Doris Crouse, from northeastern Alabama, is part of a unique genetic line in which Alzheimer's disease has affected an alarming 50 percent of her extended family.
"They are doing a study on the Chastain blood, because we have an extra Alzheimer's gene," Crouse says. "They're trying to find a cure and think it's real possible it could be in our blood. They say we're the only family in America who has this extra gene and there are only two other families in the world who do." (source)
Dr. Allan Levey, chair of the Department of Neurology at Emory University School of Medicine in Atlanta and director of Emory's Alzheimer's Disease Research Center, has been studying the genetics of the Chastain family tree and getting to know its family members for over 20 years as a part of this very focused study.
Levey says the key to potentially finding a cure is the studying of families prone to early-onset Alzheimer's; in these families, the disease commonly sets in during a person's 30s, 40s, or 50s. In these family-specific cases, the disease never skips generations and 50 percent of children are affected.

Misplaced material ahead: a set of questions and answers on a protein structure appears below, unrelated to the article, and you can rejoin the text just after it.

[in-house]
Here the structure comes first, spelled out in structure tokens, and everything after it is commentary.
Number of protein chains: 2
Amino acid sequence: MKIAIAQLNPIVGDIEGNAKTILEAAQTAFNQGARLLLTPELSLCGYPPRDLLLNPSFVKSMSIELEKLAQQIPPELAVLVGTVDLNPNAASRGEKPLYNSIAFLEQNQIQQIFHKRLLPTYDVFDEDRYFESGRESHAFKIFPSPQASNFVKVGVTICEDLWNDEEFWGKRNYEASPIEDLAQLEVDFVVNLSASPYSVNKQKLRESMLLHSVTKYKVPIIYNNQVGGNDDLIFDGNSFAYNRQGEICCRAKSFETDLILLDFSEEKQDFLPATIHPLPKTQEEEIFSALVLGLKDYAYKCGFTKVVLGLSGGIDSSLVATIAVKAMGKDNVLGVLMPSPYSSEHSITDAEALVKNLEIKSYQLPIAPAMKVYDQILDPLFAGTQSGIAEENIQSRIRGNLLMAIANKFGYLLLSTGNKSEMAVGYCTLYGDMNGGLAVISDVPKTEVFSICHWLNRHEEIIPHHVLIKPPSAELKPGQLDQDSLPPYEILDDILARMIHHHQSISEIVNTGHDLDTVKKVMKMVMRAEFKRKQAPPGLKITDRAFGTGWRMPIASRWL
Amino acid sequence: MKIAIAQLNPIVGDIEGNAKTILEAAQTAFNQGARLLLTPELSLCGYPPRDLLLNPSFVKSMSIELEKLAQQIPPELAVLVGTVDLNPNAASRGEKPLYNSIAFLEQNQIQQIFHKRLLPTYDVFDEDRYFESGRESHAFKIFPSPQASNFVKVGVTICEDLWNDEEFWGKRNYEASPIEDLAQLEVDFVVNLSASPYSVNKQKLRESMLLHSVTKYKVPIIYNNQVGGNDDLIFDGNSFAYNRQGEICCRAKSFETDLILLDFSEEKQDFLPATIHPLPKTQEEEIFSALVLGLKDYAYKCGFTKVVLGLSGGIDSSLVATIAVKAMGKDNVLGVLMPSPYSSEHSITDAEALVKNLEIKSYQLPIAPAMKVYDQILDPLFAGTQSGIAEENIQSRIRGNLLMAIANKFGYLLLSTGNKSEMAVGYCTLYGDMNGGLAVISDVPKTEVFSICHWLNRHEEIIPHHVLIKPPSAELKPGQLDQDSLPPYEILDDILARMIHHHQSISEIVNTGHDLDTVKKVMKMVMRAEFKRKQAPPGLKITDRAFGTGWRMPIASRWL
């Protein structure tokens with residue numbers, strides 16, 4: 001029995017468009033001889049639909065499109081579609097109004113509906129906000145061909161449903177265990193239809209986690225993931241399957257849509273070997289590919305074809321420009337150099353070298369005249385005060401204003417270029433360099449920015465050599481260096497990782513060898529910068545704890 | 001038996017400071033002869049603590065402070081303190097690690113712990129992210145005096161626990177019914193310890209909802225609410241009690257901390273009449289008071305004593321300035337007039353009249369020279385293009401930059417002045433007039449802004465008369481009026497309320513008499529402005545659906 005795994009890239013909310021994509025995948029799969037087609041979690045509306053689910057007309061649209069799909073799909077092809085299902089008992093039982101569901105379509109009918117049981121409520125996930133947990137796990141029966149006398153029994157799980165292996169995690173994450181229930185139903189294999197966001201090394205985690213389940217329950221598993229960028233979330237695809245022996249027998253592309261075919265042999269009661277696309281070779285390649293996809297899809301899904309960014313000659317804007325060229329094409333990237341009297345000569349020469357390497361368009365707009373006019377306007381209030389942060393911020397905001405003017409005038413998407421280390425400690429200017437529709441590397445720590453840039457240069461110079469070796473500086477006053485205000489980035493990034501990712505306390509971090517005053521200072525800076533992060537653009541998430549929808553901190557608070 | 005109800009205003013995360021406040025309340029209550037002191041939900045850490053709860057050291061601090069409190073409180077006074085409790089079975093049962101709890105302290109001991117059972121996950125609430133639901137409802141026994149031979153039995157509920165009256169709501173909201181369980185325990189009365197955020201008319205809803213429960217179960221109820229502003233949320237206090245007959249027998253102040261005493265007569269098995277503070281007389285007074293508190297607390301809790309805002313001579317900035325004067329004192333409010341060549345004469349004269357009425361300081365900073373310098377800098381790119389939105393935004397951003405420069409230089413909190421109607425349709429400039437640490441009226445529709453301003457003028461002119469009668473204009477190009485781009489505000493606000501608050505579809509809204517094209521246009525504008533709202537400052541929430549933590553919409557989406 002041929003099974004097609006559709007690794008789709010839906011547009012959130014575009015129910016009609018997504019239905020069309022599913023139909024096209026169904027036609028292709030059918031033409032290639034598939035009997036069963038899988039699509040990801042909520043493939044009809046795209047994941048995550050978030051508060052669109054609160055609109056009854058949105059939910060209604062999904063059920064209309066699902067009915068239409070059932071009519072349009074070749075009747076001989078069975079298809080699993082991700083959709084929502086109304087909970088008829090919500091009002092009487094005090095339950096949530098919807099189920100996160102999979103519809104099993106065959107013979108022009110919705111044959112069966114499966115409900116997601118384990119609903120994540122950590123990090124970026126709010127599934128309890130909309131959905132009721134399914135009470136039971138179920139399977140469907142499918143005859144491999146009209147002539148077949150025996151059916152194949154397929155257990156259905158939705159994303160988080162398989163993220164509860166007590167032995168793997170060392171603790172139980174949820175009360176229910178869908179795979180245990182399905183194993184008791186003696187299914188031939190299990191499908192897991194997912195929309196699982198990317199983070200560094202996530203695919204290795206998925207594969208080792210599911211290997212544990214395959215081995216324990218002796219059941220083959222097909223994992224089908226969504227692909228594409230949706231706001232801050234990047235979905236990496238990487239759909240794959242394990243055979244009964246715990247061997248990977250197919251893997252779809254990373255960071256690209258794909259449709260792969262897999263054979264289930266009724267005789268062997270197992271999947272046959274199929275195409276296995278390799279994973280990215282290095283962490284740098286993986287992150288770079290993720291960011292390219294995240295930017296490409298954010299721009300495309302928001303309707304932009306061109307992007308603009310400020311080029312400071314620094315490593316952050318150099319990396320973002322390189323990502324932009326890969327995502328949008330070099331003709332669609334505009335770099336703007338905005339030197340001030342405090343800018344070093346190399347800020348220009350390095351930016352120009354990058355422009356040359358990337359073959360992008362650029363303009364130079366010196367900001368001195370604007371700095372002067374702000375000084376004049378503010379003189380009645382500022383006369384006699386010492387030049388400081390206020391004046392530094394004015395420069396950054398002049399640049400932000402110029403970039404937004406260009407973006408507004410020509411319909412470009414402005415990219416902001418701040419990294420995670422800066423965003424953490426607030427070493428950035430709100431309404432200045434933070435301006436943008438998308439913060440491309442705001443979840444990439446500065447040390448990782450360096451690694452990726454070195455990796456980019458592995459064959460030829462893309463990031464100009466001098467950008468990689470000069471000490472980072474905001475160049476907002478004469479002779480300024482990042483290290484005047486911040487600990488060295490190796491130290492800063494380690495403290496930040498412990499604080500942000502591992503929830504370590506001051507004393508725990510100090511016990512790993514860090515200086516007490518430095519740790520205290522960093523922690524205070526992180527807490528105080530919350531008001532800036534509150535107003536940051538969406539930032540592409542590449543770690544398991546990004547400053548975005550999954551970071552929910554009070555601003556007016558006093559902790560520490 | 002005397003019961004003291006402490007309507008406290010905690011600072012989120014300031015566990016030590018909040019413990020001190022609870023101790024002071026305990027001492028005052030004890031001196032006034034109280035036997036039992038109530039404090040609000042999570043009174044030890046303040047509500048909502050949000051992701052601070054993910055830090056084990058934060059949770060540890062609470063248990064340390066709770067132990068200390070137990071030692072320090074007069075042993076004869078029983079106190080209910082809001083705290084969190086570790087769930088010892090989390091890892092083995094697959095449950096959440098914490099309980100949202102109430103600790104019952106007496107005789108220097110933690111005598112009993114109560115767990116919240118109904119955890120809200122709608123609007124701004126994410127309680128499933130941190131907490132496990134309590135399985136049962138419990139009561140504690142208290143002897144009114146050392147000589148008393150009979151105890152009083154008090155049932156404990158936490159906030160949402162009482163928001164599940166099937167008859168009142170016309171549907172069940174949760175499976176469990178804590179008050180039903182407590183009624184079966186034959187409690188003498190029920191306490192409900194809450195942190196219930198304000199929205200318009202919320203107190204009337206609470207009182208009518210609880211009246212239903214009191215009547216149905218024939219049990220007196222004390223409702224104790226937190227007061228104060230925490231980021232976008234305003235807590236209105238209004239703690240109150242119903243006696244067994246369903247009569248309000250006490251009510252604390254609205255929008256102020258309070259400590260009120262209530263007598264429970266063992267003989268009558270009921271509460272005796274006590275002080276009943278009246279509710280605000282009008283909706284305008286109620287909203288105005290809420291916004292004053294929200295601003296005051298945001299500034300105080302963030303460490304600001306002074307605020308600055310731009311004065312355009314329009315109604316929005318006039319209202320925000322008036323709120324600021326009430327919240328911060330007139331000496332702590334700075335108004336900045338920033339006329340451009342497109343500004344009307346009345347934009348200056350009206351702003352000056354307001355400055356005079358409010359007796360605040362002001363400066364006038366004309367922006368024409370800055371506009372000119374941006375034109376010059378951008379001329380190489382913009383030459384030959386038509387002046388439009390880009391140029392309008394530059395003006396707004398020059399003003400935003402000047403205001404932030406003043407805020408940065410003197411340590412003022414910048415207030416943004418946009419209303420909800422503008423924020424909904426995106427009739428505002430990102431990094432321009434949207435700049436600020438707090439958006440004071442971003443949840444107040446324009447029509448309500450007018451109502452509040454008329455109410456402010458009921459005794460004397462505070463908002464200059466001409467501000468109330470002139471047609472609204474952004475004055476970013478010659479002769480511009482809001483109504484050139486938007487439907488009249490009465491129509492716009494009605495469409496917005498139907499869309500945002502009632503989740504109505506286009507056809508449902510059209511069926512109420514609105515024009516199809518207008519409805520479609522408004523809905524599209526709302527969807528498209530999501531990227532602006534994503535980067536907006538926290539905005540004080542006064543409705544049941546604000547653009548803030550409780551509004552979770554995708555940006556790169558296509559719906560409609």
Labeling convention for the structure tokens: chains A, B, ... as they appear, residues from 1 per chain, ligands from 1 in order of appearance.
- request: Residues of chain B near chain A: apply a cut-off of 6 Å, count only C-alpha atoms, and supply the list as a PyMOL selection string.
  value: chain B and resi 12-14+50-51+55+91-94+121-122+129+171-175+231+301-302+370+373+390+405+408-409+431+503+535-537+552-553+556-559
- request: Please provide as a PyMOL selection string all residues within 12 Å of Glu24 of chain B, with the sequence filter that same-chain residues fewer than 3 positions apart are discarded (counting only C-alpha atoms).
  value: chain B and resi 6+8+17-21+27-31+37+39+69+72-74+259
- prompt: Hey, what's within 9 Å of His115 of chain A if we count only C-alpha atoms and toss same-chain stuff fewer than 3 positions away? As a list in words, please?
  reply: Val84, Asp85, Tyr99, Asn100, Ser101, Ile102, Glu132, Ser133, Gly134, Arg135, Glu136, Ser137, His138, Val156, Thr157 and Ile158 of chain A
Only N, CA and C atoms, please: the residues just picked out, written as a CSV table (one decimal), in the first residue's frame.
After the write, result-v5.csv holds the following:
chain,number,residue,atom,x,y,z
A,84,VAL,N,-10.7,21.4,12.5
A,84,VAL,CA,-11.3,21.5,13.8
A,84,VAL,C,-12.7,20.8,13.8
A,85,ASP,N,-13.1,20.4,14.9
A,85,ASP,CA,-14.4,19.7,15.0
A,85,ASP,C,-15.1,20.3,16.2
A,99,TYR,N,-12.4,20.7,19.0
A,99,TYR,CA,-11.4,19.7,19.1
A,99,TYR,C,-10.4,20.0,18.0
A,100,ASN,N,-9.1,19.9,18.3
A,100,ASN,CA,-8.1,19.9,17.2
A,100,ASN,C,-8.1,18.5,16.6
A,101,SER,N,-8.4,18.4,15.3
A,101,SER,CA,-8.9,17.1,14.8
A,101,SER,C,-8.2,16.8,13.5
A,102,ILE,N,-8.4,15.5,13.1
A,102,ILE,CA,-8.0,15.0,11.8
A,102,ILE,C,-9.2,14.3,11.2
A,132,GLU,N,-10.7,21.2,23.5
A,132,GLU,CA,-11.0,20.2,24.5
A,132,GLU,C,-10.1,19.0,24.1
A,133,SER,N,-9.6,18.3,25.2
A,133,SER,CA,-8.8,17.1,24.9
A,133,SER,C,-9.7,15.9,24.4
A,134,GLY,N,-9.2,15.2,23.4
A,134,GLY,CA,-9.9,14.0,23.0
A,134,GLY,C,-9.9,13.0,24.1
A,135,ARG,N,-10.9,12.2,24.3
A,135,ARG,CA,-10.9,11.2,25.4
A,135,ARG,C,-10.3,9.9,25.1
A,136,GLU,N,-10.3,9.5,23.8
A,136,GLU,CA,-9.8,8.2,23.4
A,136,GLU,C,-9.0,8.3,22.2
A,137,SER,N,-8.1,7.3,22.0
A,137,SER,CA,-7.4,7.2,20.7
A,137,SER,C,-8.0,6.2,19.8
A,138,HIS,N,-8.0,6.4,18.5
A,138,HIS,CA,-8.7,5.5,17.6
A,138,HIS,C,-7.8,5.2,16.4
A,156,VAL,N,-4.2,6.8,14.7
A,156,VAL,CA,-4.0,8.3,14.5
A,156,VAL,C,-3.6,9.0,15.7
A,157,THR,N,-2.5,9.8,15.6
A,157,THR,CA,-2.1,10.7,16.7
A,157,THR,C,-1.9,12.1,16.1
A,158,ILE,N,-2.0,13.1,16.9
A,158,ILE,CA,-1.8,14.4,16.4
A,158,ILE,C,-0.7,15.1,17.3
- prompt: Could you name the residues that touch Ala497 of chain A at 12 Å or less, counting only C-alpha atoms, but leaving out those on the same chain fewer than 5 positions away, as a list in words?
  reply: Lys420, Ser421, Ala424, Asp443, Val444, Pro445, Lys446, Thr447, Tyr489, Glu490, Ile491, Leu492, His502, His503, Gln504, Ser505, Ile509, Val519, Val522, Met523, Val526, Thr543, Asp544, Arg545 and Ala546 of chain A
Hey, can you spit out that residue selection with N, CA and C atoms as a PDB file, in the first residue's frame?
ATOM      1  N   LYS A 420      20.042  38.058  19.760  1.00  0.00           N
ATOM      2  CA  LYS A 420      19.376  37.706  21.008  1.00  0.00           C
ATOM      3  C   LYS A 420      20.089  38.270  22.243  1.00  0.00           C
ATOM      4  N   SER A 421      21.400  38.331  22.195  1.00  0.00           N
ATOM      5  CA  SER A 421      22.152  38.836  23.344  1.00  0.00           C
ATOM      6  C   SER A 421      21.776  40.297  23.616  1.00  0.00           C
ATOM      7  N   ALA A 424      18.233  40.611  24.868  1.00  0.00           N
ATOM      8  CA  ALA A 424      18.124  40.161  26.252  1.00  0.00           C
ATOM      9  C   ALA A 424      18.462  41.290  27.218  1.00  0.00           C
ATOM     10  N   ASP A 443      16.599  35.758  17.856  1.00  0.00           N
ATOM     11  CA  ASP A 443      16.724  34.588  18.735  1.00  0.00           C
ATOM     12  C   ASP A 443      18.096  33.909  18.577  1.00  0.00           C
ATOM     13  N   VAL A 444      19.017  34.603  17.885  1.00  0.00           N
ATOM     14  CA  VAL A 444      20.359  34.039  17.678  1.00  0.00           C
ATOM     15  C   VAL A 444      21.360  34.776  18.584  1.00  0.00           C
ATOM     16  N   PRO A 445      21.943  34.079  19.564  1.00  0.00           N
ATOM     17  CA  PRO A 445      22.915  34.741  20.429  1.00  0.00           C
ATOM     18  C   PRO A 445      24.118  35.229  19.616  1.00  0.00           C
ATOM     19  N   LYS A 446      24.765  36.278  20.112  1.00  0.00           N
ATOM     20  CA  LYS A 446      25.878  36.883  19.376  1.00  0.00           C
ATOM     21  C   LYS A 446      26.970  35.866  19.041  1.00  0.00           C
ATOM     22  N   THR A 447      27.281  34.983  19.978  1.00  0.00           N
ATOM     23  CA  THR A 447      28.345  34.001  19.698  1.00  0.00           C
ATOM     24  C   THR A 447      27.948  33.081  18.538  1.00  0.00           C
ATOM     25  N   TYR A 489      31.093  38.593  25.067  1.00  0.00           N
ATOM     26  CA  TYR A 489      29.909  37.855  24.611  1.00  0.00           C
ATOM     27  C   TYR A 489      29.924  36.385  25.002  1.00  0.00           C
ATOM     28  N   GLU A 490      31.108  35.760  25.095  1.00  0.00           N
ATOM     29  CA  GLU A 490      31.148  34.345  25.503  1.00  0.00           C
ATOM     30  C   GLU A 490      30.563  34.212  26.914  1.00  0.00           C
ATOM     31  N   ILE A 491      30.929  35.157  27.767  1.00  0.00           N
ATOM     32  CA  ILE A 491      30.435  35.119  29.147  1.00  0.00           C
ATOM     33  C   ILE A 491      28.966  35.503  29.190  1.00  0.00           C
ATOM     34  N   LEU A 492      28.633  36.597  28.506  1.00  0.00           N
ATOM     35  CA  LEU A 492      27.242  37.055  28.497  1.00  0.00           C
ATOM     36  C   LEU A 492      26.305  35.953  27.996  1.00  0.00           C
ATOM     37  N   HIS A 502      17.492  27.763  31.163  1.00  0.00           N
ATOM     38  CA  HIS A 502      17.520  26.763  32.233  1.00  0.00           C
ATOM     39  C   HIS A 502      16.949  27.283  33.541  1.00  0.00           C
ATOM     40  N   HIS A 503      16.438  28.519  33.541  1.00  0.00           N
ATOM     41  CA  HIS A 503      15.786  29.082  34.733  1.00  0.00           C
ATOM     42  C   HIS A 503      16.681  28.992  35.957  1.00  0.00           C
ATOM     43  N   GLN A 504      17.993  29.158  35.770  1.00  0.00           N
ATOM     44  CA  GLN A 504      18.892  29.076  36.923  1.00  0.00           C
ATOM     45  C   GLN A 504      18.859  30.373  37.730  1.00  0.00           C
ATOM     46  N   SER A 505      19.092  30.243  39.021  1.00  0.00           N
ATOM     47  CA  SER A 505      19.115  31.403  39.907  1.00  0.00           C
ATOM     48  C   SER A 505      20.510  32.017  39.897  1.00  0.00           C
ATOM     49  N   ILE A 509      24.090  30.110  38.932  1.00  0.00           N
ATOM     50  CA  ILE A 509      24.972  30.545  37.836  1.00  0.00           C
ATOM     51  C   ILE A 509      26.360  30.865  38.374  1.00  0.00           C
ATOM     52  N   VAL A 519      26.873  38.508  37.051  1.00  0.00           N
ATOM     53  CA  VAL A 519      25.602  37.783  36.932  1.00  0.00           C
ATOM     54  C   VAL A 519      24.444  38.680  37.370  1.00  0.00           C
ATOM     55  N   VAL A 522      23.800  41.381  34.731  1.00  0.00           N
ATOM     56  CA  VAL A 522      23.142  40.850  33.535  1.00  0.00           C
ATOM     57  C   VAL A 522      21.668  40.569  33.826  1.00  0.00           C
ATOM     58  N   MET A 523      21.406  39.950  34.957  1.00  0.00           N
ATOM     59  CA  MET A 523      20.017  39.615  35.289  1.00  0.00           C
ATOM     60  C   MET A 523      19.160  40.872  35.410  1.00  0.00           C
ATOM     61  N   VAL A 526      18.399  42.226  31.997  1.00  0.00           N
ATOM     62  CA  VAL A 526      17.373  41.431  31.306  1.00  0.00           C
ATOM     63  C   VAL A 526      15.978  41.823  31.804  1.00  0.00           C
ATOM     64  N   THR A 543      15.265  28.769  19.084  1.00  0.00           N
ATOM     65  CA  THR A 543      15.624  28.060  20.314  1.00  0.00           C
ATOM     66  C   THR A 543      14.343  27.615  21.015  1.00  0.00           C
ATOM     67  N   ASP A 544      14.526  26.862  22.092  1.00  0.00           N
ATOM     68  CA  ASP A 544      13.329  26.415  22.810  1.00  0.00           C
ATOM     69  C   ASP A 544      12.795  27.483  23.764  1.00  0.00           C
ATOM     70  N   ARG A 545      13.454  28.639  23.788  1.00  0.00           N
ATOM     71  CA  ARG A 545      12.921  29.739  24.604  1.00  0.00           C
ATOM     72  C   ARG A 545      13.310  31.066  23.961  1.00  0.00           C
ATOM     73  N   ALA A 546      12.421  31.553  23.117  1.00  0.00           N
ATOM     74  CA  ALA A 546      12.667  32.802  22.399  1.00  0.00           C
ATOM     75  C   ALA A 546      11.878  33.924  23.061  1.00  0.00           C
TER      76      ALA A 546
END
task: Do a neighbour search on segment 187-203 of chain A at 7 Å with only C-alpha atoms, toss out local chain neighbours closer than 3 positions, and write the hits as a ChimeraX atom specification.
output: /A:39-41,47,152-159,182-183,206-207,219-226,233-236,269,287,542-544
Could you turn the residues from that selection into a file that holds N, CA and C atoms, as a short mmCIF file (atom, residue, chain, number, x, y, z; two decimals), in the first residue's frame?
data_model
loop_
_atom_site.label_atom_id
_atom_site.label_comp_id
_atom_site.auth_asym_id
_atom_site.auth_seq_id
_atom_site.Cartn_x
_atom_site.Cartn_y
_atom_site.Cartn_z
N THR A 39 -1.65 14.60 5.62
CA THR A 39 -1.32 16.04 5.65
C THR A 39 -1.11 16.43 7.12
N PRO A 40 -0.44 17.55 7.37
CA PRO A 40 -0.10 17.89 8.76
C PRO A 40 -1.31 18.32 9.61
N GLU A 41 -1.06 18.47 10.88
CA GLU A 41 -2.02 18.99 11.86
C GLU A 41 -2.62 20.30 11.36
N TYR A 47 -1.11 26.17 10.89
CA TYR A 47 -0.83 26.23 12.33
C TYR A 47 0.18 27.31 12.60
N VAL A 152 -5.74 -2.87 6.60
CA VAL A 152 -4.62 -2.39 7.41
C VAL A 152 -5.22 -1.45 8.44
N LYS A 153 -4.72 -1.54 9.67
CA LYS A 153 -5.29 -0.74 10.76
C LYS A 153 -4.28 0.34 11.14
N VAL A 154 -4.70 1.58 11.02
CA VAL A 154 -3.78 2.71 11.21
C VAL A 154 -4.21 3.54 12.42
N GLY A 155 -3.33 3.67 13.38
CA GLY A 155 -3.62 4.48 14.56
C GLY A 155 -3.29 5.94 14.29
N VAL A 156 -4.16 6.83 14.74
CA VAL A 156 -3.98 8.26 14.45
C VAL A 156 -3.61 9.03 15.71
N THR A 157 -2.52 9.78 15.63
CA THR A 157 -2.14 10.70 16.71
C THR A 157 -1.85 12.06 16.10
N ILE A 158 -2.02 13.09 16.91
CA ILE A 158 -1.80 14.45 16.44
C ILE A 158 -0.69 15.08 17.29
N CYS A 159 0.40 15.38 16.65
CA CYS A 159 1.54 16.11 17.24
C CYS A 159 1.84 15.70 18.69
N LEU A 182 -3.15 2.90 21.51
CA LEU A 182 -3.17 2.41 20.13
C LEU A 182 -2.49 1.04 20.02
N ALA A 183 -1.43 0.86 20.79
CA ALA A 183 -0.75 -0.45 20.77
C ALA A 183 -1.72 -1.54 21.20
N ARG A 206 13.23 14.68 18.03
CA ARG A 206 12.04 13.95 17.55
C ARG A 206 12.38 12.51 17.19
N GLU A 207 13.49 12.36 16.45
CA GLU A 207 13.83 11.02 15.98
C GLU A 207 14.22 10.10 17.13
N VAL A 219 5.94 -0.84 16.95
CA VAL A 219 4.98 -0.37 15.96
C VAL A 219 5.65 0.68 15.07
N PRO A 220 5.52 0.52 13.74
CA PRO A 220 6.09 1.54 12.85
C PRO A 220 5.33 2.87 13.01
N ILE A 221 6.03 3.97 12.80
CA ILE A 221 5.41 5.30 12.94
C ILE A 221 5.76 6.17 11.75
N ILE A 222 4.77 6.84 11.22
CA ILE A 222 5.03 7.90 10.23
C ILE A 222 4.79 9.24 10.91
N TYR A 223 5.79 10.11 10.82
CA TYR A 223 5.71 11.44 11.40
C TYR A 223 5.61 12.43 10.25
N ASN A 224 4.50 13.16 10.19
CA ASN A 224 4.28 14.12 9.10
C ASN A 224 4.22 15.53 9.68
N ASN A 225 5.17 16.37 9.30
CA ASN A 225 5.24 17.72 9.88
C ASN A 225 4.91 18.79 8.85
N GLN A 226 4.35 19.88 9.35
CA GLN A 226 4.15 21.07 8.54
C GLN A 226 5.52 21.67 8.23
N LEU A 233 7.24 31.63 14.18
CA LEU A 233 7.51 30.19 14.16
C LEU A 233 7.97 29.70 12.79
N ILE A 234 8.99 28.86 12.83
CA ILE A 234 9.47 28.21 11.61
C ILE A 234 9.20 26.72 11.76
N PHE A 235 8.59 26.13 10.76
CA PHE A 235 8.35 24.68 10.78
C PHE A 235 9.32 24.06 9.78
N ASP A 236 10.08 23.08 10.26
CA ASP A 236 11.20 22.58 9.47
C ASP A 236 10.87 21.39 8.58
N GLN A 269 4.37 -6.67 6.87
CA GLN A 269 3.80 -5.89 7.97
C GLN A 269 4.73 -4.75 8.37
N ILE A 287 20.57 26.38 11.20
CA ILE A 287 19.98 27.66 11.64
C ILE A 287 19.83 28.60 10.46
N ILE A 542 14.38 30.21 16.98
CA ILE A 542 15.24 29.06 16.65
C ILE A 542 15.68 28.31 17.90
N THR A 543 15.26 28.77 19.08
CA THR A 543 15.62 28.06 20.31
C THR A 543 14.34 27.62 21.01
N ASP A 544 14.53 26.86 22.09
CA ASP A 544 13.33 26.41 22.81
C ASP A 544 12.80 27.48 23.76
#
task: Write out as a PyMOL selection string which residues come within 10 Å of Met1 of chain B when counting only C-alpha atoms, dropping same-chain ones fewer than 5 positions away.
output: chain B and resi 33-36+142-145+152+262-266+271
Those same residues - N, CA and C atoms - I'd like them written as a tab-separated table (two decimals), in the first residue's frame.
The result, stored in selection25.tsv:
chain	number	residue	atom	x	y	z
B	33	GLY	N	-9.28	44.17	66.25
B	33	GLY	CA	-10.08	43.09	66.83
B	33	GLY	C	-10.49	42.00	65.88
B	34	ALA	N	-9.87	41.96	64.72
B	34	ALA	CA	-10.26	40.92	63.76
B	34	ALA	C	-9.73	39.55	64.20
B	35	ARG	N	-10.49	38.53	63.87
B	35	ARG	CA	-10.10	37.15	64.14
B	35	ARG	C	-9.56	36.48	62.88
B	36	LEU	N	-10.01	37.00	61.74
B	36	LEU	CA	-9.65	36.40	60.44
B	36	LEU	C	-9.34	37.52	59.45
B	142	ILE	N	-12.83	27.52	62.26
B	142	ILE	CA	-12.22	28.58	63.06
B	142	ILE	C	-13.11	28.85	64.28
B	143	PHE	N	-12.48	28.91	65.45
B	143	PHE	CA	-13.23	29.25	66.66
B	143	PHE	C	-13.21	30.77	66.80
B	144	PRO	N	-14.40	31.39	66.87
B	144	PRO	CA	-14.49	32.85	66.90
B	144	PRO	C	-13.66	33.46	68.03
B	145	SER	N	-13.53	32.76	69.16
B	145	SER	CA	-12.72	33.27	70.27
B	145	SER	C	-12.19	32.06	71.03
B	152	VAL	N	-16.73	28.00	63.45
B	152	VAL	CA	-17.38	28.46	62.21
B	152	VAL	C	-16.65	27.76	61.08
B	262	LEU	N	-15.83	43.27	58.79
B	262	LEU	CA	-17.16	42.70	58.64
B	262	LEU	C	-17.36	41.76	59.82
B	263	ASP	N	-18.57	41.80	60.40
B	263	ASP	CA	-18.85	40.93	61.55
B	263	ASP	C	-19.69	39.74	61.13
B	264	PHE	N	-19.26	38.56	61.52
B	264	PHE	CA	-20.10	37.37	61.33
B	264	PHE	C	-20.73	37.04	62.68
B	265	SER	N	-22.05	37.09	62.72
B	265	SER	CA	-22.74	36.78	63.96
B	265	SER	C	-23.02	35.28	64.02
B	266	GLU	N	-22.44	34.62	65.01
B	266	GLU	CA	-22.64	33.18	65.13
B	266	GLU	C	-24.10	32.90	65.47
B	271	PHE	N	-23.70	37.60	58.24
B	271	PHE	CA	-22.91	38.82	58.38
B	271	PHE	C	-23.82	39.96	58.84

Though families like this account for less than 1 percent of Alzheimer's patients, Levey asserts that these families have led to the identification of three specific genes that cause Alzheimer's—unlike patients who are diagnosed with the disease at an older age, where genes are not the cause.
Read more: Alabama family part of Alzheimer's Disease study: 'The cure could be in our blood'